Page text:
5x10 Space $50 or 10x10 Space $90. One time payment for storage thru August 31st. Shadow Hills Storage, 307 Frankford Avenue, 806-7937355.

TEGA KIDS SUPERPLEX ‑ 7621 W 82nd Street 806-866-9765. Now hiring: Experienced gymnastic coaches. Summer Positions: Camp Leaders and Lifeguards/Swim Instructors, Preschool Teachers, Early Childhood Education and HDFS majors preferred. Great experience and Fun Work Environment, Only Positive Upbeat Applicants!

TEGA KIDS SUPERPLEX Now Hiring Experienced Dance Instructors 806-866-9765.

FURNISHED 1 BLOCK to Tech. $435. Private bedroom. Free internet, utilities, HBO. Nice female home. Parking. Washer and dryer. 2321 13th. For fall or June. No pets. $425 deposit. 806.765.7182 1802 AVE W $495 Bills paid. Studio. Near Tech. Nice. Quiet. Clean. One person. No pets. 7657182. SUBLET AT THE REPUBLIC: 4/br unit May 15August 5. $250 for May, and $515/month for June and July. Females only. Call (512) 9706924 for more info.


$2400. FOR Fall, 2201 16th. Large spanish colonial. 4/2/2. Water paid. Washer & Dryer furnished. Lawn kept. No pets. 765-7182. 1 PRIVATE bedroom large historic spanish colonial home. Near Tech. 2201 16th st. House mates are 3 older women students. $600. No pets. 765-7182.




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UNFURNISHED 1,2,3 & 4 BEDROOM HOUSES Visit Tech Terrace leasing office at 26th & Boston or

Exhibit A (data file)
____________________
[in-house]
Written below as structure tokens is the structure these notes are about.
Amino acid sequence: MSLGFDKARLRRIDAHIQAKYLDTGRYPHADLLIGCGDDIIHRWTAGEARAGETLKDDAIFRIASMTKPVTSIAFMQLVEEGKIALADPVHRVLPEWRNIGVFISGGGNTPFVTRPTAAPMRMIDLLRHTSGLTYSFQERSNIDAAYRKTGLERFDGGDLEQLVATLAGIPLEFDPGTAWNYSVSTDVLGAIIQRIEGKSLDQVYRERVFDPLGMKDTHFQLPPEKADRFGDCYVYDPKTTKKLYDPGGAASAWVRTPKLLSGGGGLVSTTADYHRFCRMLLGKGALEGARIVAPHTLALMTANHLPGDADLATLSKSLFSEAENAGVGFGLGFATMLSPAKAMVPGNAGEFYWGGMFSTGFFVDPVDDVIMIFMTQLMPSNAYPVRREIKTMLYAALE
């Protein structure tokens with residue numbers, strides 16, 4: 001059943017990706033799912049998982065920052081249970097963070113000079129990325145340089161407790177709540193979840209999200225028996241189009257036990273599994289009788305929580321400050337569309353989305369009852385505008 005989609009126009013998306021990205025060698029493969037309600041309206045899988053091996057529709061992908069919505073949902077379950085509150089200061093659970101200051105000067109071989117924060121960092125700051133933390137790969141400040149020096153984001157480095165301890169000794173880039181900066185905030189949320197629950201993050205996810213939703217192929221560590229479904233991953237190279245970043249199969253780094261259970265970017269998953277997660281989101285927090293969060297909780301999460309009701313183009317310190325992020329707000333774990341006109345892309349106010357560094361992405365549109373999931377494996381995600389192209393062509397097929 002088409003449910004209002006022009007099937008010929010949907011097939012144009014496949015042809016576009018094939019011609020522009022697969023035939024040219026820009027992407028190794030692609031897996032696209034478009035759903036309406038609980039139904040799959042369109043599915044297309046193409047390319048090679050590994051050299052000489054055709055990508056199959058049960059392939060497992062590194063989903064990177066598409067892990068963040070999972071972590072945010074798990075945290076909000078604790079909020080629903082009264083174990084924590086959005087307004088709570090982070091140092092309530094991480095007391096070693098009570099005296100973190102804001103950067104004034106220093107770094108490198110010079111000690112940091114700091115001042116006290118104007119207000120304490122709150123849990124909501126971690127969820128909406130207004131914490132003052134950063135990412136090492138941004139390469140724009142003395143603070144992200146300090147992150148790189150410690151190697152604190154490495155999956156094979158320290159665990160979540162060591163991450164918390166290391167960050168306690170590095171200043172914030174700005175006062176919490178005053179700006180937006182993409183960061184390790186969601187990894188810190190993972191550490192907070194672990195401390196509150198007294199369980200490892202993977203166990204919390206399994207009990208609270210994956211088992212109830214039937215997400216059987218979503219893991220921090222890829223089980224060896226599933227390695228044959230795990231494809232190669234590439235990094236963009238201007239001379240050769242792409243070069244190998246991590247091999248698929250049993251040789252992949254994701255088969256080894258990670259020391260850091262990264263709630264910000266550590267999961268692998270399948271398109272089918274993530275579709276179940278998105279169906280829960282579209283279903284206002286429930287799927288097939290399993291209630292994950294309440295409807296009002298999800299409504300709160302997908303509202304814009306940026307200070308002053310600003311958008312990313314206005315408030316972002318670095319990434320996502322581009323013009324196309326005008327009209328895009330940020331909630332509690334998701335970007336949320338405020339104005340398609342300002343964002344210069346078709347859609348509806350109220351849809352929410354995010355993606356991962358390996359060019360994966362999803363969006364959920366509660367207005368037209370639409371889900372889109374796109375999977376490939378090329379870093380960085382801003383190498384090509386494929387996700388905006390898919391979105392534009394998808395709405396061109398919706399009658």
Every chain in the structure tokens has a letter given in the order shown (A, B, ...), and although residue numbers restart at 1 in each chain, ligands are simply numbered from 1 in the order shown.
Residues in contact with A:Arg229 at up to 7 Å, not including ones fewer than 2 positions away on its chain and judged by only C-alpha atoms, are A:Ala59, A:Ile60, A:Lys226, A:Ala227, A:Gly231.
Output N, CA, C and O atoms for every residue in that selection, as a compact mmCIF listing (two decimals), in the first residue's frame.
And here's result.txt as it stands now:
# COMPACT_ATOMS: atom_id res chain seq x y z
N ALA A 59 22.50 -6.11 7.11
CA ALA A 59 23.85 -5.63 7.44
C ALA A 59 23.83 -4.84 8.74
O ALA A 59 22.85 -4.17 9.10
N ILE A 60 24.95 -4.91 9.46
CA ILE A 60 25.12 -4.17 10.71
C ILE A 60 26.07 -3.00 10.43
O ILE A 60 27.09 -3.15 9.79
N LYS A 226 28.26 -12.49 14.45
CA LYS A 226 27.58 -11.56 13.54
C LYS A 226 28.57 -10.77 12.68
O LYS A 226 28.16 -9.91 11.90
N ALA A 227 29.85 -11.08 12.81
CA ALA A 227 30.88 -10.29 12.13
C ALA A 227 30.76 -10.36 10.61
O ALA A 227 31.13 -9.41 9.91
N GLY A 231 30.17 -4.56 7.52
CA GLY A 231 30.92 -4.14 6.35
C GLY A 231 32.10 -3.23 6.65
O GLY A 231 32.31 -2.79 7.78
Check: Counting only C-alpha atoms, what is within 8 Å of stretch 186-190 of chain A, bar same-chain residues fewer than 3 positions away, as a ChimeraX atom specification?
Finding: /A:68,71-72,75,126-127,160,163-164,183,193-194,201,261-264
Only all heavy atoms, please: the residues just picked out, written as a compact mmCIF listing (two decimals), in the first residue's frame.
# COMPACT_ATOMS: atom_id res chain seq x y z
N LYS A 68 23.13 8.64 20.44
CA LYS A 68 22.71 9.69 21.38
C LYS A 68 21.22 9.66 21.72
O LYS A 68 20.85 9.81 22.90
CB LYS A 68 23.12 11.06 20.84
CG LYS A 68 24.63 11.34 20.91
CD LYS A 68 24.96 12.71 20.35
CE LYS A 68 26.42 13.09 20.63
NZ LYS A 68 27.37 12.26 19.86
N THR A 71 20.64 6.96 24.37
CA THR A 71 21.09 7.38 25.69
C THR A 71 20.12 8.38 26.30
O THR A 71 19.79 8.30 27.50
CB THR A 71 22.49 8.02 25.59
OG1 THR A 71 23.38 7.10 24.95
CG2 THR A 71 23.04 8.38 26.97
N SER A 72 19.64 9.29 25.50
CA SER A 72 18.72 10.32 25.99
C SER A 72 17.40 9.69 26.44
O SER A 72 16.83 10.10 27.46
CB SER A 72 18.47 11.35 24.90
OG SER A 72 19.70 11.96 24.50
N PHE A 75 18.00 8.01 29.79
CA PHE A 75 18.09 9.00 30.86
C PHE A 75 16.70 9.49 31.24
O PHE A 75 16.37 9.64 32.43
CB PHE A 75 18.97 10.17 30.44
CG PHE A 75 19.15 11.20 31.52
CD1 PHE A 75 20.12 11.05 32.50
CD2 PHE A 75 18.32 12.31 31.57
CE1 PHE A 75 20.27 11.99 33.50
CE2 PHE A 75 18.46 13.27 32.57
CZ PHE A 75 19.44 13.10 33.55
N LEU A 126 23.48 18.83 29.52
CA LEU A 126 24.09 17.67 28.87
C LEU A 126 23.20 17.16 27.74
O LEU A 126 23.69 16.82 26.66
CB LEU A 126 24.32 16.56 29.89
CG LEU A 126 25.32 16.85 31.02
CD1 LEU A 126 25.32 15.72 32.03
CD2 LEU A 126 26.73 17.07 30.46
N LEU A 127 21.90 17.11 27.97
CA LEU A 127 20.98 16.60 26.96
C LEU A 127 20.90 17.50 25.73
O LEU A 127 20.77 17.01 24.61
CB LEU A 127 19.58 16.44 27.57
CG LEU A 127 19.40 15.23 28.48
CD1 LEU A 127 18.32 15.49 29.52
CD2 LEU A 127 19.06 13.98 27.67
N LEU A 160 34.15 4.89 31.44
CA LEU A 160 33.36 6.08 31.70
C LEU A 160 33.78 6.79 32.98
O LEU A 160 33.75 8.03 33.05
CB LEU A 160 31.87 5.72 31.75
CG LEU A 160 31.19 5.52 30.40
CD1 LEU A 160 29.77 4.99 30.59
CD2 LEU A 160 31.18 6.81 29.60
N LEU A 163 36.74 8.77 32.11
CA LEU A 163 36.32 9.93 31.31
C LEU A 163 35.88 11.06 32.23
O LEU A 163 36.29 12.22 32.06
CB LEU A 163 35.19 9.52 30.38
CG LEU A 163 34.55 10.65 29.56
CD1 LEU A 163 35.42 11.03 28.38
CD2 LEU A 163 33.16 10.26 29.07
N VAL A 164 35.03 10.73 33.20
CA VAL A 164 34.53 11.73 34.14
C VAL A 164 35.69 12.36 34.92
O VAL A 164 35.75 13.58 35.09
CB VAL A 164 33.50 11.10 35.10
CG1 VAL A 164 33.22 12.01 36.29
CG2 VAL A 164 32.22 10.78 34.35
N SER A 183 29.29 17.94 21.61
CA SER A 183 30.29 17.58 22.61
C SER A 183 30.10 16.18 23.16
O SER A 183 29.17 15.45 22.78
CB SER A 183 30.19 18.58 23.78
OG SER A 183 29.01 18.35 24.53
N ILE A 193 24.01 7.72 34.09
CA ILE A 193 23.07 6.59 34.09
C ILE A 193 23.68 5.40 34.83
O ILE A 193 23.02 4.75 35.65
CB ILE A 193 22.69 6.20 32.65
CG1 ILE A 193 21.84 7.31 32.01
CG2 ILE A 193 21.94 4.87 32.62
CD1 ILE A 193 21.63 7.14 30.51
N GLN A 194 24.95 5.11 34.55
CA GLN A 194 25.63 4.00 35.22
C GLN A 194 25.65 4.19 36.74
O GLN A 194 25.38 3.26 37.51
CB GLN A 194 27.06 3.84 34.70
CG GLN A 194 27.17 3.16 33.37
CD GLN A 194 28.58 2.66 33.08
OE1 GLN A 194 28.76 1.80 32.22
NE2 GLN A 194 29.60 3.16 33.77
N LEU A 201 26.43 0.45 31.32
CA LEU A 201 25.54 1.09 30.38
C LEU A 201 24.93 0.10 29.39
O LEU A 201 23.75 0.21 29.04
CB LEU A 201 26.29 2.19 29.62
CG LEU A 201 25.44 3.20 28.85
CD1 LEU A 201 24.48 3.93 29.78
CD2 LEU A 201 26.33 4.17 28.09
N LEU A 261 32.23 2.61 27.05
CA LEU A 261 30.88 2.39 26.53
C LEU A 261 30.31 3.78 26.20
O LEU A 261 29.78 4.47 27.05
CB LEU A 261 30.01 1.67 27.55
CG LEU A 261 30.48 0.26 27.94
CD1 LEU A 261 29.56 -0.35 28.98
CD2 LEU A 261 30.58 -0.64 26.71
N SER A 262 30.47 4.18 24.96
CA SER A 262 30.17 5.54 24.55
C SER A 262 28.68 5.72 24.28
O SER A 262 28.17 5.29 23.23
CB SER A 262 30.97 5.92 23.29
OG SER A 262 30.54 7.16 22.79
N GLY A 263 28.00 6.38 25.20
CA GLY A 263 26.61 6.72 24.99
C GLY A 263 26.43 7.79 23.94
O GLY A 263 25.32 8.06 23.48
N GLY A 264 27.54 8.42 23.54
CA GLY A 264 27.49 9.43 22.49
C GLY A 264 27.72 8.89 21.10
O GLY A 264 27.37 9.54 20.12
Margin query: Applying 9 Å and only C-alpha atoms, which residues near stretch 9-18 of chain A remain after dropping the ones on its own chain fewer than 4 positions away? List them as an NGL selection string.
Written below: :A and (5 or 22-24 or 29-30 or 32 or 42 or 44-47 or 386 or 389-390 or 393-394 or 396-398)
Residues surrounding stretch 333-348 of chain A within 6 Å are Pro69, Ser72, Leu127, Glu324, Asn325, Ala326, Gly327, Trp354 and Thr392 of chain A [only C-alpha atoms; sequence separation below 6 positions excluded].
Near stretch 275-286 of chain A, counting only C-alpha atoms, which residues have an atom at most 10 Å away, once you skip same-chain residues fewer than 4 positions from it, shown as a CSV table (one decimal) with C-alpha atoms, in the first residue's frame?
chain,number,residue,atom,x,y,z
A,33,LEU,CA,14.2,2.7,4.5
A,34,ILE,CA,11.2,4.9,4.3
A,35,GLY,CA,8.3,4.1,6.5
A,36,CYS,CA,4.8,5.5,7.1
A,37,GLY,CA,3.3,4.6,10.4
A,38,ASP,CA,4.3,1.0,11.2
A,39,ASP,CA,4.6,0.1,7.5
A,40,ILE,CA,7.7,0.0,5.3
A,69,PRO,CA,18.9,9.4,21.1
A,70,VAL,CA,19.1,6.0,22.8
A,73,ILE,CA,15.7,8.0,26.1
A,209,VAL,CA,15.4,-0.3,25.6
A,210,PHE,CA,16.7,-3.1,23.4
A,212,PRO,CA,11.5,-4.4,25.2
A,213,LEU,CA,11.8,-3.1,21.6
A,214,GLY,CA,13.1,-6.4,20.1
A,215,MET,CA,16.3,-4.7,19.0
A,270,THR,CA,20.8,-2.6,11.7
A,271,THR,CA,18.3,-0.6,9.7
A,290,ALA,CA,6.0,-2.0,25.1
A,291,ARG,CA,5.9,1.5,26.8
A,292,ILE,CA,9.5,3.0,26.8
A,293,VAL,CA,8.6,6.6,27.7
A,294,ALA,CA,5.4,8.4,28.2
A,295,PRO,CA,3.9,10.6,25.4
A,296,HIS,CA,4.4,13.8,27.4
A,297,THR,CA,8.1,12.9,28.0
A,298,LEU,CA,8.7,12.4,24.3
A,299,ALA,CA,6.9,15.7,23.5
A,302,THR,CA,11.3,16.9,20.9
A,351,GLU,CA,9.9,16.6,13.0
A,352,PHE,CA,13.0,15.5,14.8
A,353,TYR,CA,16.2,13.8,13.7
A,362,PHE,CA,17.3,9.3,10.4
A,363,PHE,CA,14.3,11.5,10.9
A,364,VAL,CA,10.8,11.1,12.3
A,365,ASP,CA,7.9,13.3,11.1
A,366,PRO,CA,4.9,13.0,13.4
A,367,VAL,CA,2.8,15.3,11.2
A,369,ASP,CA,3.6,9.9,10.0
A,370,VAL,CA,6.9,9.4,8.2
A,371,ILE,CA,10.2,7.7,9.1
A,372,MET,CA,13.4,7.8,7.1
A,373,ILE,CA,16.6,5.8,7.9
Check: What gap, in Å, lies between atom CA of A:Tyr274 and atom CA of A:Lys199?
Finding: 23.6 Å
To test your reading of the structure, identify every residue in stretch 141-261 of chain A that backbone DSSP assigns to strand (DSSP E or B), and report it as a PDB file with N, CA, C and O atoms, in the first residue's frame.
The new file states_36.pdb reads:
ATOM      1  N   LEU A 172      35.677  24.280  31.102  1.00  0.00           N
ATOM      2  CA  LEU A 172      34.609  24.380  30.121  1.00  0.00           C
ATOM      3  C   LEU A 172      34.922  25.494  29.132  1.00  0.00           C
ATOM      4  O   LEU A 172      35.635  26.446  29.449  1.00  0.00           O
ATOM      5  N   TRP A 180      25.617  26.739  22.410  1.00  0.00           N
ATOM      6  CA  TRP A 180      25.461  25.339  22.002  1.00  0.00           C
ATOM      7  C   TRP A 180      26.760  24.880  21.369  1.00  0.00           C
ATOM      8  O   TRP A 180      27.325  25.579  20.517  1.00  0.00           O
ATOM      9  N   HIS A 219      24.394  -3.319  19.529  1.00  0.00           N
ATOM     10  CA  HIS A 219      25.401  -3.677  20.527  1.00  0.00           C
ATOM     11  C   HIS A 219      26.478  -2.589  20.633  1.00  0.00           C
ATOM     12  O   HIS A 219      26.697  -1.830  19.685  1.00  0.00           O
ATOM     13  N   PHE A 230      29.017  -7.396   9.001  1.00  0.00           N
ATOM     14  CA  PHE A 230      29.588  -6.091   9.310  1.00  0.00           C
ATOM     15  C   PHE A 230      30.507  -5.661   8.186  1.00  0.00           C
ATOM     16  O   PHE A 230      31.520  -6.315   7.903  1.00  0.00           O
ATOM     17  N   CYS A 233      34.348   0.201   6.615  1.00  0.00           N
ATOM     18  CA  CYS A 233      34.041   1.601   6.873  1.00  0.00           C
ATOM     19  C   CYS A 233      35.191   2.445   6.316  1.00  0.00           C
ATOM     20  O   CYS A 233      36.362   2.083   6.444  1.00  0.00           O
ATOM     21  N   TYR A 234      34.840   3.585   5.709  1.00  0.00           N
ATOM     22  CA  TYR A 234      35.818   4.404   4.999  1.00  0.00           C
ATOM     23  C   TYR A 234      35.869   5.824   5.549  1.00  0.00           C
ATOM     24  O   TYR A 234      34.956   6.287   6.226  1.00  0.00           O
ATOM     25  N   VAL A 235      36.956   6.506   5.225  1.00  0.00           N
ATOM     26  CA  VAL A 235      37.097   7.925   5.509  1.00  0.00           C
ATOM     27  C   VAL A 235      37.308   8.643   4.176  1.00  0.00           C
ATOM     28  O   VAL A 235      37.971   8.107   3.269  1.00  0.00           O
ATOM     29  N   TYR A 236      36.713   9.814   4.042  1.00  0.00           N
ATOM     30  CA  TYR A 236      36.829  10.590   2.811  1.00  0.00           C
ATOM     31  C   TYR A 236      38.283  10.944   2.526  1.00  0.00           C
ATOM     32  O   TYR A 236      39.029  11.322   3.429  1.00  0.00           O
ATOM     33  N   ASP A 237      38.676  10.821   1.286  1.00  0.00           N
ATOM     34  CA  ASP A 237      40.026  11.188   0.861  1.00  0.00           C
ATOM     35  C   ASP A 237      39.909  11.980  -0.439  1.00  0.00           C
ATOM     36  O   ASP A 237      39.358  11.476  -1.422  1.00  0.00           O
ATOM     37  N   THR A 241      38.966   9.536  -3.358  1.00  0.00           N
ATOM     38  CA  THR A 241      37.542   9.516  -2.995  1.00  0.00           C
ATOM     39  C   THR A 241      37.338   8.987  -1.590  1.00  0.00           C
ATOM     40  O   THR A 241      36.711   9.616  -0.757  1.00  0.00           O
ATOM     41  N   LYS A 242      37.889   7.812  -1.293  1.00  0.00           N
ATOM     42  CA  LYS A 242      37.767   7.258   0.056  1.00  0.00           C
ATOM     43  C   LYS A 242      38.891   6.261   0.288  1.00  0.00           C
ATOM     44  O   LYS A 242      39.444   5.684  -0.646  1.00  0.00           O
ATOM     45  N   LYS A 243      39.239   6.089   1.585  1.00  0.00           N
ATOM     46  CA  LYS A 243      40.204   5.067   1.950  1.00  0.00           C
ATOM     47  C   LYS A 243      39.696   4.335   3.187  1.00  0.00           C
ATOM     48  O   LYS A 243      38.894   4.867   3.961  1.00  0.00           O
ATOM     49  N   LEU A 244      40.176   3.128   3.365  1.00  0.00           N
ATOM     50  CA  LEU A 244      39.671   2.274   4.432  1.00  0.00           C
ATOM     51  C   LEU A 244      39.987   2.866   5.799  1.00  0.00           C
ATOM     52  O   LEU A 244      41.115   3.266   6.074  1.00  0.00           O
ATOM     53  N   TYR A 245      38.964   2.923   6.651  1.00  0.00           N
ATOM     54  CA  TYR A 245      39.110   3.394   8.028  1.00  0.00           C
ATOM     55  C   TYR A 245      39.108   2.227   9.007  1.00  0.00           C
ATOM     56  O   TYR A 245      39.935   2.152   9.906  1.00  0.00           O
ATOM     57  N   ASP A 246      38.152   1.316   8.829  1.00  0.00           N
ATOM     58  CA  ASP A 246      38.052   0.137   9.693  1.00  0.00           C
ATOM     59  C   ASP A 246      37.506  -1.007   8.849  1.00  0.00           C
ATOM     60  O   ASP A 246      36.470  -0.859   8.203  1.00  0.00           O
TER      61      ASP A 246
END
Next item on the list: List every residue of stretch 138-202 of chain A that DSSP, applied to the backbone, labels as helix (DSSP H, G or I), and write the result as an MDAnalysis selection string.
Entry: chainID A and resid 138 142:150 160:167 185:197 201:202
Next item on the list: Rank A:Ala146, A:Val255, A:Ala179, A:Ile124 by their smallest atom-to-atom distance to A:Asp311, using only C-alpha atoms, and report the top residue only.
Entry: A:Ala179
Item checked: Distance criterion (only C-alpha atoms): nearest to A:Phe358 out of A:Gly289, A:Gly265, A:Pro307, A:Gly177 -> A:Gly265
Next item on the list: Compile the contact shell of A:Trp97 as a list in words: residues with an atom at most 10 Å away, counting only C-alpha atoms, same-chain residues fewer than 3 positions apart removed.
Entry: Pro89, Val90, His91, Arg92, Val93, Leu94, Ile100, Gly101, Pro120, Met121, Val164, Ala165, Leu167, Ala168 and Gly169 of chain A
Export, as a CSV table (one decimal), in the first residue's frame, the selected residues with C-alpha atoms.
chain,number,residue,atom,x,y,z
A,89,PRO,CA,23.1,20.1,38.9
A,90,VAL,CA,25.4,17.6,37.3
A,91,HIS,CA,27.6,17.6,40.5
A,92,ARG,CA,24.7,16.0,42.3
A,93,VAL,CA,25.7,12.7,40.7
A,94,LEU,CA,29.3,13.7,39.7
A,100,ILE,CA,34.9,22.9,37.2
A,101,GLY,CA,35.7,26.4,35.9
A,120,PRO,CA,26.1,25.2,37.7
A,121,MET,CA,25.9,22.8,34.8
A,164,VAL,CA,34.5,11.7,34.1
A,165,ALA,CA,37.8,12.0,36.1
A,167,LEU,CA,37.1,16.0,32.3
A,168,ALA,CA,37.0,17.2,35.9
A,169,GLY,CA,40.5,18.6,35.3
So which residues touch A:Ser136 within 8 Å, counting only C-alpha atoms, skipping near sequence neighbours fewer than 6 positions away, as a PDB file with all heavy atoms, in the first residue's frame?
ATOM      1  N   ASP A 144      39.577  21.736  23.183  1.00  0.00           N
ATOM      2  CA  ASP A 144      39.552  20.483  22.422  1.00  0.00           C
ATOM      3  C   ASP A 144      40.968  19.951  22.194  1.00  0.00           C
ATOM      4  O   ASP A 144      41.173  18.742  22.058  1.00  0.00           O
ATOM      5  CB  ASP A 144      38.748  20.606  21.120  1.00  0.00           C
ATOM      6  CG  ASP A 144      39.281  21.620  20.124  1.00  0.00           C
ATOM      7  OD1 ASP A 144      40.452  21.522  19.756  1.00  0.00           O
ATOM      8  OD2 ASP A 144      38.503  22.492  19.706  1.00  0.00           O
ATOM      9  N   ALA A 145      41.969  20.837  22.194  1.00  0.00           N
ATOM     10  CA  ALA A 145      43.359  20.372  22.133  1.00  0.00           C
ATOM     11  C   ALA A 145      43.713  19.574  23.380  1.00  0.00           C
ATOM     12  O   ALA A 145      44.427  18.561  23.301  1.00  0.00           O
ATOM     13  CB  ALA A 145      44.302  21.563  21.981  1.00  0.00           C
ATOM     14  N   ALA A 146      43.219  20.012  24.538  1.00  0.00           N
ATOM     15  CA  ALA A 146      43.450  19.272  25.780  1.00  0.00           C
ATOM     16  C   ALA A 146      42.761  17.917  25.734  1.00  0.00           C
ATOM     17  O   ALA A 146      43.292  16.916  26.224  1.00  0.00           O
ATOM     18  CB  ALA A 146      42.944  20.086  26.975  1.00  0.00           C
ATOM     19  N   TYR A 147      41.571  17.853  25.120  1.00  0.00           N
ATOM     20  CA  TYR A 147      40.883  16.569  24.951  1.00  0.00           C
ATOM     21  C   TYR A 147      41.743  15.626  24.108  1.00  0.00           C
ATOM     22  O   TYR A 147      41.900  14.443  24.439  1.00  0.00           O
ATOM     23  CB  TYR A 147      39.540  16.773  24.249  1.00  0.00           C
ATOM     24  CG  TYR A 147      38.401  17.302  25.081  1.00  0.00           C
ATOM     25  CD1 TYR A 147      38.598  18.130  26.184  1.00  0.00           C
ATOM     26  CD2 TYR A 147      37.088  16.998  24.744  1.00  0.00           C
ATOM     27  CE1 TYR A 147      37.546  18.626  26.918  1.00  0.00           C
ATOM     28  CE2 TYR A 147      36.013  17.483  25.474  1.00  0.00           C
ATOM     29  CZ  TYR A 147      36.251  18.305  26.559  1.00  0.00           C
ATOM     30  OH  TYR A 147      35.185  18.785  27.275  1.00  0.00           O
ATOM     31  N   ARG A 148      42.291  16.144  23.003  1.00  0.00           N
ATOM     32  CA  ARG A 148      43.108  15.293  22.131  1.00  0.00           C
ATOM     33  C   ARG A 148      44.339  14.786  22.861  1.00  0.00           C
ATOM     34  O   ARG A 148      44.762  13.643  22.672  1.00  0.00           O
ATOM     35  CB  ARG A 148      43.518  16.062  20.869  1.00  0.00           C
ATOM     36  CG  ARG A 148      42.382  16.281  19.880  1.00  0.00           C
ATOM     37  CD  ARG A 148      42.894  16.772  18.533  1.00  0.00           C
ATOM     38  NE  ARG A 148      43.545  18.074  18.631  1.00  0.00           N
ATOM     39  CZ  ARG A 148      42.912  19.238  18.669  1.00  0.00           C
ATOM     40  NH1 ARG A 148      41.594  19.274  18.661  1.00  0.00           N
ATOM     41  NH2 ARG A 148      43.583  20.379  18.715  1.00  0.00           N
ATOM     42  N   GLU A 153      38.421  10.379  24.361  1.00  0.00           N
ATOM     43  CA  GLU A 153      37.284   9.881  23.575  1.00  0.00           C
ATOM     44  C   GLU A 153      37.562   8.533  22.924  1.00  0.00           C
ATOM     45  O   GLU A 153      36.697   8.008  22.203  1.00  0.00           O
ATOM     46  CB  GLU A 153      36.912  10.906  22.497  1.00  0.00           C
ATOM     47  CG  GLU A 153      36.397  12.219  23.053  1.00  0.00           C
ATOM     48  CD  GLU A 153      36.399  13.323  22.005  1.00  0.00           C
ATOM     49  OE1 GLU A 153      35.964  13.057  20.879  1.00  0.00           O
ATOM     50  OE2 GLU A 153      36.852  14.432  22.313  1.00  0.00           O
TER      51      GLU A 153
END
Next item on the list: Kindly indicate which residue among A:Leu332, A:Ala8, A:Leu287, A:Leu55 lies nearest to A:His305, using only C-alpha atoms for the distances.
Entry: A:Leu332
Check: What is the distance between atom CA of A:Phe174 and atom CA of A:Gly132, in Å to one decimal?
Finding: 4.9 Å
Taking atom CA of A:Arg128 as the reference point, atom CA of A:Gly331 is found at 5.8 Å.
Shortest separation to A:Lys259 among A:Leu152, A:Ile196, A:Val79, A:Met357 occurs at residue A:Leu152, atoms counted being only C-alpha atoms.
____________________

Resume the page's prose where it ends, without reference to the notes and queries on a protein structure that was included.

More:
2 BLOCKS FROM TECH! 4/2-2419 21st. Security system, central air/heat, kitchen appliances, all hardwood and tile floors, huge fenced backyard, plus GARDENER! $375/person. Lease period June1, 2014-May 31,2015. (806)632-4211 or for more info. 2 BLOCKS OFF CAMPUS. Lovely 2 bedroom brick home. Appliances. W/D. Hardwood floors. Will be shown at 3:00 pm Friday April 11th. 2620 21st. Call Ann or BJ at 806-795-2011. 2223 18TH. For Fall, $2400. Quality 4 bedroom, 3 bath. Washer & Dryer furnished. Lawn kept. No pets. 806-765-7182. 2521 24TH Walk to TTU! 3BR/2BA Central H&A, Hardwood Floors, W/D Conn., Sprinkler System, Yardcare Provided. $1260 Castle Property Management 783-3040 3-4BR/2BA, H/A, W/D, alarm Sys, 2500 sq ft, 2301 27th ST, $1050/mo +, pets extra, avail July 1, 806-790-6951 3/1 & 1/2 Two story house central h/a, security system, pet friendly, lots of space. Over 2,200 sq ft! Available July 1st Call/text 806-438-8746 3/2 HARDWOOD FLOORS, central heat/air, washer/dryer hook up. $900 monthly. 806-535-1905. 2305 29th.


until August. Looking for a great house to rent through the summer? 2100 sq ft. Large refrigerator, new dishwasher. Looking for a responsible tenant to rent on short term. 4102 64th St. Call/Text: 806-773-7518. 3505 26TH Newly Remodeled 3BR/2BA Close to TTU! Hardwood Floors, Central H&A, W/D Conn., Lg. Fenced Yard w/Storage! $1195 Castle Property Mgmt. 783-3040 3BR/2BA, H/A, W/D, alarm Sys, 3108 28th ST, $1275+, pets extra, avail July 1, 806 790-6951 3BR/2BA. H/A, W/D, security sys, Tech Terrace $1250/mo. Pets extra 806 790-6951 avail June 1st 4003 32ND Avail. May 1st! Near TTU! 3BR/2BA Immaculate! Two Living Areas, Central H&A, W/D Conn., Large Kitchen! $995 Castle Property Mgmt. 783-3040 CLOSE TO CAMPUS nice 3 bedroom homes. 2513-20th $1350. 2118-26th $1250. 5324-39th $870. Call Ann or BJ 795-2011. CLOSE TO CAMPUS nifty backhouse. Tech Terrace. 2 blocks off campus. $655. Call Ann or BJ 806-795-2011.